In an increasingly complex world deluged with communication overload, it’s more important than ever for customer service reps to provide accurate and complete information. Unfortunately, it’s ever-more-challenging to do this, especially when the issues involved are emergent and/or complex in their own right. Pandemic-triggered efforts to relieve both personal and business suffering have provided huge insight into what happens when highly-sophisticated and complex relief efforts collide head-on with customer service requirements to interpret, inform and advise. In many cases, customer service communication has been rife with inaccuracy and incomplete information. This is a major customer disservice.
At a time when accurate and complete customer service information is more critical than ever, the opposite outcome is occurring all too often. Customer service reps facing the dual challenges of hugely confusing directives coupled with inadequate training are inflicting major harm on consumer futures.
Operating on this inaccurate and incomplete information, customers are making decisions counter to their best self-interests. In the case of government-initiated pandemic relief measures, this is driving anxiety, poor financial planning, and fear in the consumer sector.
In some cases, customers reaching out multiple times for solid advice get different answers every time from different customer service reps. While this is terrible customer service, it’s a symptom of a much larger disease—companies unable or unwilling to do what’s necessary to provide consistent, accurate and complete information.
At the heart of much of this is inadequate training. Facing a huge influx of customers needing to help to wade through pandemic-triggered measures and relief, there’s both a demand and supply problem. Demands for help are often overwhelming customer service systems. Rapid, rampant hiring to meet demand is resulting in a short supply of training and direction.
As a result, it’s led to Wild West scenarios where anything goes. Providing incorrect answers and inconsistent direction is leaving customers on tenterhooks, not knowing where to turn next or how to get the right information to address their circumstances.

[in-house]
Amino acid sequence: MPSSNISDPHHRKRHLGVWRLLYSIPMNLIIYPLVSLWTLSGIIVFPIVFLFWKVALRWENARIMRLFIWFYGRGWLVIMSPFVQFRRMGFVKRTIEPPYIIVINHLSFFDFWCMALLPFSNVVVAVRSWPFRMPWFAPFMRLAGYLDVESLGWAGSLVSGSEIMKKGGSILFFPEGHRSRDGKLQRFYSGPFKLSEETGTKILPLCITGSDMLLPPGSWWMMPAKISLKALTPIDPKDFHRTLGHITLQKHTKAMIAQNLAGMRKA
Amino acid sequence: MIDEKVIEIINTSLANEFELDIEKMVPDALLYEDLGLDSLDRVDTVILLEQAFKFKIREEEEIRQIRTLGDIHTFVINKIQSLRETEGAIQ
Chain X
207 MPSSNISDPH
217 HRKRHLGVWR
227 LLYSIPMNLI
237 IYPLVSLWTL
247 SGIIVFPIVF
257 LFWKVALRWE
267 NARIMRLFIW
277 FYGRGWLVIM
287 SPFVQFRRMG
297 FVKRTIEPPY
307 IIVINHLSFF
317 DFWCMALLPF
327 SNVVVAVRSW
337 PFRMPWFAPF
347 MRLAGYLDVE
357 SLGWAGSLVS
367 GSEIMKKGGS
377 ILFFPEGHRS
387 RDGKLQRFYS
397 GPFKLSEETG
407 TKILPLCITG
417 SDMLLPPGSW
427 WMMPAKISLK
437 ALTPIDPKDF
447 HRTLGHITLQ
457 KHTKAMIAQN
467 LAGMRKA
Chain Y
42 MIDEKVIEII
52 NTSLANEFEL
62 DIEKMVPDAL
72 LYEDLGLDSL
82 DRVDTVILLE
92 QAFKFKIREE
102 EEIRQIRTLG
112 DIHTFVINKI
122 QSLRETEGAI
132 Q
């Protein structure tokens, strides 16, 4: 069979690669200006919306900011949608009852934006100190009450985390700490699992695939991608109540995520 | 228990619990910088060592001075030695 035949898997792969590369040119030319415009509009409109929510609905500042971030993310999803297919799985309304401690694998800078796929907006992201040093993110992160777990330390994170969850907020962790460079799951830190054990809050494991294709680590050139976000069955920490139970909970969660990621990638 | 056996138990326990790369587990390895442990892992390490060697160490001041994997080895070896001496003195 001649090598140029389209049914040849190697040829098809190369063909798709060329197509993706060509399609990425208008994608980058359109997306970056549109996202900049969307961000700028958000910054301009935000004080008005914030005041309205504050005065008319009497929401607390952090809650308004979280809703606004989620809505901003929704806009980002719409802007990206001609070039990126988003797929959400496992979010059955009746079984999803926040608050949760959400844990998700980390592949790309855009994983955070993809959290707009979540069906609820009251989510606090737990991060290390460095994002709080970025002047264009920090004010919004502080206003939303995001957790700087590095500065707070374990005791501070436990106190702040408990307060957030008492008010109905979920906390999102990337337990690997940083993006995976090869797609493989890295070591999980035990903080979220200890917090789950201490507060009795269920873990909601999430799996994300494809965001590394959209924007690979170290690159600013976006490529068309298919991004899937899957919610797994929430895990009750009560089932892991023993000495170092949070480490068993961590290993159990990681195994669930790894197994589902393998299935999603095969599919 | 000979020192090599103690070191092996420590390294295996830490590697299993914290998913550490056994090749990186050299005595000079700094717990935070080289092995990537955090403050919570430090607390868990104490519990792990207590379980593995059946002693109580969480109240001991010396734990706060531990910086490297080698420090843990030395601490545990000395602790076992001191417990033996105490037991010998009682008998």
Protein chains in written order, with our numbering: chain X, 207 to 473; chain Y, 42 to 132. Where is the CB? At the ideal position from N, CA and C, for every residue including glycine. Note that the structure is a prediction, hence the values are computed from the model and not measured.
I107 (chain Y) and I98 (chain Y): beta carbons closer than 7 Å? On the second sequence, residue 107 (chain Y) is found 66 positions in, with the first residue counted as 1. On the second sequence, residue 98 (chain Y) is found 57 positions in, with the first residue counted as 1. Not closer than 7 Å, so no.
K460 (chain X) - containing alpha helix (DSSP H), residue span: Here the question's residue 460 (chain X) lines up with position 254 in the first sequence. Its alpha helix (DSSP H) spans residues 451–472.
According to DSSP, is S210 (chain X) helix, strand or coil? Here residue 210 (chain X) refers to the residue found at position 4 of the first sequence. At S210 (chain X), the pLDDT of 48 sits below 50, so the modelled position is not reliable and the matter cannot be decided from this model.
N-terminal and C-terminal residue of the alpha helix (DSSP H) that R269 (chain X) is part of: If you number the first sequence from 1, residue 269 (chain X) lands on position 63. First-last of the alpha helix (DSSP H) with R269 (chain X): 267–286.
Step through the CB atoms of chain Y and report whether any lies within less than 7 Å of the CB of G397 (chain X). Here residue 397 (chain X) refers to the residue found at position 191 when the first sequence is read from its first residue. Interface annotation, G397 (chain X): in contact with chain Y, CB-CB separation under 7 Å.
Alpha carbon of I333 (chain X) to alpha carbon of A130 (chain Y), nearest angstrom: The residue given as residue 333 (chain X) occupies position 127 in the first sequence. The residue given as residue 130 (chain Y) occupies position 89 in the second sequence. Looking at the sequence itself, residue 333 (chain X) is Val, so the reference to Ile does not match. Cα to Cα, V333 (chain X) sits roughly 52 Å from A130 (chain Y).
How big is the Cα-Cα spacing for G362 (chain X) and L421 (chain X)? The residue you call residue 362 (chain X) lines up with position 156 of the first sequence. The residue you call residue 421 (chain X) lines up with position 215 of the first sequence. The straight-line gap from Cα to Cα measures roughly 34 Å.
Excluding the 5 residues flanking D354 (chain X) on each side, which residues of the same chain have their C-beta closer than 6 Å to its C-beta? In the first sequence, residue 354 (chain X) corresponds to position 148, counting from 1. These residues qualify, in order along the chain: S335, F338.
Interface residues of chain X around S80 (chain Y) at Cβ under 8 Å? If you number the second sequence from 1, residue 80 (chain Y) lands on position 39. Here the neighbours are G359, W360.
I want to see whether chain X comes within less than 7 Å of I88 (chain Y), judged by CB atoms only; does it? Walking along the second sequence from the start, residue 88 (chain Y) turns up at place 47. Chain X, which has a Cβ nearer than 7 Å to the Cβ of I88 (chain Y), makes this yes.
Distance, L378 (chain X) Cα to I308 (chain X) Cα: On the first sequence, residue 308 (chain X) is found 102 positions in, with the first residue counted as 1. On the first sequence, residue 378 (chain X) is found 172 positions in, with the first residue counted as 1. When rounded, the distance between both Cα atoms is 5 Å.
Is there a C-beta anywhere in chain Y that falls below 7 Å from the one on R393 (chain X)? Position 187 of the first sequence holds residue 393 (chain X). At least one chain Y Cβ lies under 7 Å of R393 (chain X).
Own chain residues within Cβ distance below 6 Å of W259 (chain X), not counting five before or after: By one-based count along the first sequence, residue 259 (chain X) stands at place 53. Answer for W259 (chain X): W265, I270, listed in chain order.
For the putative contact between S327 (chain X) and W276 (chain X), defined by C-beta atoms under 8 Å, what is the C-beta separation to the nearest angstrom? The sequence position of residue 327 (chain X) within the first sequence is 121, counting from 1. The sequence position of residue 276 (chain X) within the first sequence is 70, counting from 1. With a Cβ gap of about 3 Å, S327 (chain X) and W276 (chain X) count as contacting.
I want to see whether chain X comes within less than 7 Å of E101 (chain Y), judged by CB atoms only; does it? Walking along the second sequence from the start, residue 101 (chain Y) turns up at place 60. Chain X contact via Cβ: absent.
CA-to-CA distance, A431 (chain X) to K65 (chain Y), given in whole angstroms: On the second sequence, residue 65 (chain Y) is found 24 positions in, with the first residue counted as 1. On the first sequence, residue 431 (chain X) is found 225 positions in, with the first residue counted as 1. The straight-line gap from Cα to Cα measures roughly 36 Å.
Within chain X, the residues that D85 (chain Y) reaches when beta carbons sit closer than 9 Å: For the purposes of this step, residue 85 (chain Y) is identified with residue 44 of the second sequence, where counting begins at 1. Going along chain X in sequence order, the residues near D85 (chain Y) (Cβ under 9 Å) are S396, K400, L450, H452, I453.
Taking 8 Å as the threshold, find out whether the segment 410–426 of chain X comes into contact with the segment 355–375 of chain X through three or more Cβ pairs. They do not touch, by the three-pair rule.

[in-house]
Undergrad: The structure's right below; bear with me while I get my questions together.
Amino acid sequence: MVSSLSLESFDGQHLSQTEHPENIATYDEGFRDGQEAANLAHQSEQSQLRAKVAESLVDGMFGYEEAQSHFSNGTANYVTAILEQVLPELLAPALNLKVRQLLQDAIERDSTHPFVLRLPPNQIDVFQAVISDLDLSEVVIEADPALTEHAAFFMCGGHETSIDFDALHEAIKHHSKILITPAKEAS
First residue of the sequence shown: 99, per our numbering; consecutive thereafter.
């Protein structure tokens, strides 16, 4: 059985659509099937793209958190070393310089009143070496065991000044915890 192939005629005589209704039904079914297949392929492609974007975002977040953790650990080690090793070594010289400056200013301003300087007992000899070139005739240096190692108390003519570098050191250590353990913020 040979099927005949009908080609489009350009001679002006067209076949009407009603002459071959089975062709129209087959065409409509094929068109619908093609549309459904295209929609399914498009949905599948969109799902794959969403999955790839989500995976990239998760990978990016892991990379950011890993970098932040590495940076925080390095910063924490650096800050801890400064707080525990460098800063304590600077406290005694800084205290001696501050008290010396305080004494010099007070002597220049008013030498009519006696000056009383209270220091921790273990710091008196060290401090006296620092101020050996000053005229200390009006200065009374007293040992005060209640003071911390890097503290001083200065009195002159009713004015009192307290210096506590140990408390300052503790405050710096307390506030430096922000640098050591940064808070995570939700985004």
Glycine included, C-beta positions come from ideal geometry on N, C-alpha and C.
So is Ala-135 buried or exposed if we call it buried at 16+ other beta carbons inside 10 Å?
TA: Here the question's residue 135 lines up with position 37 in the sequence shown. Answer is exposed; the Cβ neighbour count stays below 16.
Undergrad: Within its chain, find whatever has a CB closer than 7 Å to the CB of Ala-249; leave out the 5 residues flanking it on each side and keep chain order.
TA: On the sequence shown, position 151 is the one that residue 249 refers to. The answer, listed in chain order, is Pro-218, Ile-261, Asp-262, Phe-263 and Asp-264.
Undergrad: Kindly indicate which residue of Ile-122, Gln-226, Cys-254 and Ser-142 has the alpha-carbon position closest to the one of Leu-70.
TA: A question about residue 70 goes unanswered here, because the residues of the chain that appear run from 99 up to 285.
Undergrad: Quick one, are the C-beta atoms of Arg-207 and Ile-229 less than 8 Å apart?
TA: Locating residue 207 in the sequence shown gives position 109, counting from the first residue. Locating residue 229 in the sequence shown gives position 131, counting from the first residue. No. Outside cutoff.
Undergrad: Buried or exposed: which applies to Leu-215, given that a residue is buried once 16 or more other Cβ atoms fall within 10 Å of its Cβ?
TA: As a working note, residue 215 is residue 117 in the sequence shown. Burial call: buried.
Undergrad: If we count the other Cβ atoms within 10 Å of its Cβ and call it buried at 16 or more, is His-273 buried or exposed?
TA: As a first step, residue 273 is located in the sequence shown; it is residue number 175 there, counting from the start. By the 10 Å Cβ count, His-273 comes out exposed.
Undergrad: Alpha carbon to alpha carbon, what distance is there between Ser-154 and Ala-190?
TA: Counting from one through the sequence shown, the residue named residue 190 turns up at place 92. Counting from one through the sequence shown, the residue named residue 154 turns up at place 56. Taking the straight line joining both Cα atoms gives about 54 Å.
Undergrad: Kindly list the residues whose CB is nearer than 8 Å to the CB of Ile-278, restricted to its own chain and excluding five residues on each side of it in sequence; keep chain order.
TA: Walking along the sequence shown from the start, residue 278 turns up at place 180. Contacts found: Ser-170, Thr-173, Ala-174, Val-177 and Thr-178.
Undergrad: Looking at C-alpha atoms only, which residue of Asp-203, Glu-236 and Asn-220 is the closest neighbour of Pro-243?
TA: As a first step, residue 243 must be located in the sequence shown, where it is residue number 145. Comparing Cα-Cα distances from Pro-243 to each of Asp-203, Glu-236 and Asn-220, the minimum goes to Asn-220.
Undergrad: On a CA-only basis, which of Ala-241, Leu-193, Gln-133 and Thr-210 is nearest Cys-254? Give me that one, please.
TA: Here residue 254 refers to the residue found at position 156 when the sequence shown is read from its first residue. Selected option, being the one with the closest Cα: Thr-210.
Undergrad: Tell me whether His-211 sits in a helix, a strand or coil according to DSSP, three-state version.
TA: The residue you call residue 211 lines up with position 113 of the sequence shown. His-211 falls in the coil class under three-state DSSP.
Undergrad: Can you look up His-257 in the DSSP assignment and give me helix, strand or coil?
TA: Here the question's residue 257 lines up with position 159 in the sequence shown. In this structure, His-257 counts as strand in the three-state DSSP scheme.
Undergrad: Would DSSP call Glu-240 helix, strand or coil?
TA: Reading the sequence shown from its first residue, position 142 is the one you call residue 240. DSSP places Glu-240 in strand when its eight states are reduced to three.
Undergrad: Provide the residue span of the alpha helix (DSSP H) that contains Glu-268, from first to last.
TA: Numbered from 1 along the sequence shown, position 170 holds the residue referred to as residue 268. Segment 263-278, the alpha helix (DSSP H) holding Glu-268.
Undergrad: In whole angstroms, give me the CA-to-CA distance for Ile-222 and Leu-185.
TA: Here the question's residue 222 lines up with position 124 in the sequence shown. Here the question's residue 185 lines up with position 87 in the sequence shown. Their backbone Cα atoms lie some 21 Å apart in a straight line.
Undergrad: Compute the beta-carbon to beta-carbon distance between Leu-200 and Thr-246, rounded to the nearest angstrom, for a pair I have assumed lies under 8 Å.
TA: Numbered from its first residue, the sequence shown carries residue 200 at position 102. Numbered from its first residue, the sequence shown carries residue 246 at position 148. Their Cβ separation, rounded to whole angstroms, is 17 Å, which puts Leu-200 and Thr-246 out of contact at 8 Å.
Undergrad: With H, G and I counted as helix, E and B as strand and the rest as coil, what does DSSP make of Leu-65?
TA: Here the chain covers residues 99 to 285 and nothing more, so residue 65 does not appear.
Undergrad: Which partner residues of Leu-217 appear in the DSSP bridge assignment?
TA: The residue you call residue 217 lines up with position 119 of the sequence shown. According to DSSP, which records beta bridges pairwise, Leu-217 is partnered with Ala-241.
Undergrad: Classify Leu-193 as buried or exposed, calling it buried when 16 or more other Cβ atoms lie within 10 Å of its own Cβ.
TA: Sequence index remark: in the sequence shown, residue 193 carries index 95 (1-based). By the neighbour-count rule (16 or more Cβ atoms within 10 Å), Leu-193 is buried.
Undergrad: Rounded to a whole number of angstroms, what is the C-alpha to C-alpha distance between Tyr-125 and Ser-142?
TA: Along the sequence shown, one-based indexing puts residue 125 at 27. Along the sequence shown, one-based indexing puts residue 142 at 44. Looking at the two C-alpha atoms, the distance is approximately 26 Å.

In turn, customers are either making wrong decisions that can massively impact their lives going forward, are putting their heads in the sand because of rampant anxiety and fear, or are having to expend inordinate amounts of time attempting to find the right answers and solutions. Given that time already is in short supply for most, dealing with this type of challenge can be overwhelming—and wind up putting people over the edge. That’s a surefire recipe for bad decision-making.
It’s easier said than done. Mega-corporations employing huge numbers of customer service reps tasked with handling the surge of consumer communications and requests for financial assistance have a Herculean challenge. Still, they need to do better. Steps to start improving include:
Enhance commitments to training, including more onboarding over longer periods of time. Too often, under-trained reps are providing bad information—which is worse than providing nothing at all. Even at the expense of increasing hold times, at least temporarily, this must be addressed. The damage being done by reps providing inaccurate and incomplete information can be devastating on multiple levels—ranging from customers to the company itself;
Rev up the escalation processes so that first-line reps unable to confidently address issues can hand off people to higher-ups in the organization who can offer better information. The oft-used current process of putting customers on hold while the rep checks it out upstairs can be faulty. Unless that rep does an accurate job of documenting the issue with a manager, it becomes subject to miscommunication. Where possible, the customer needs to be able to speak directly to someone higher up the food chain;
Enhance development of “ombudsman” centers, where customers feeling unheard or frustrated with conflicting information can get the help of an advocate. These are cropping up increasingly, but more is needed—not just now, but right now.
In today’s trying times, it’s no longer good enough to try to do better. Solid customer service depends on complete and accurate information. Companies need to gear up to provide it.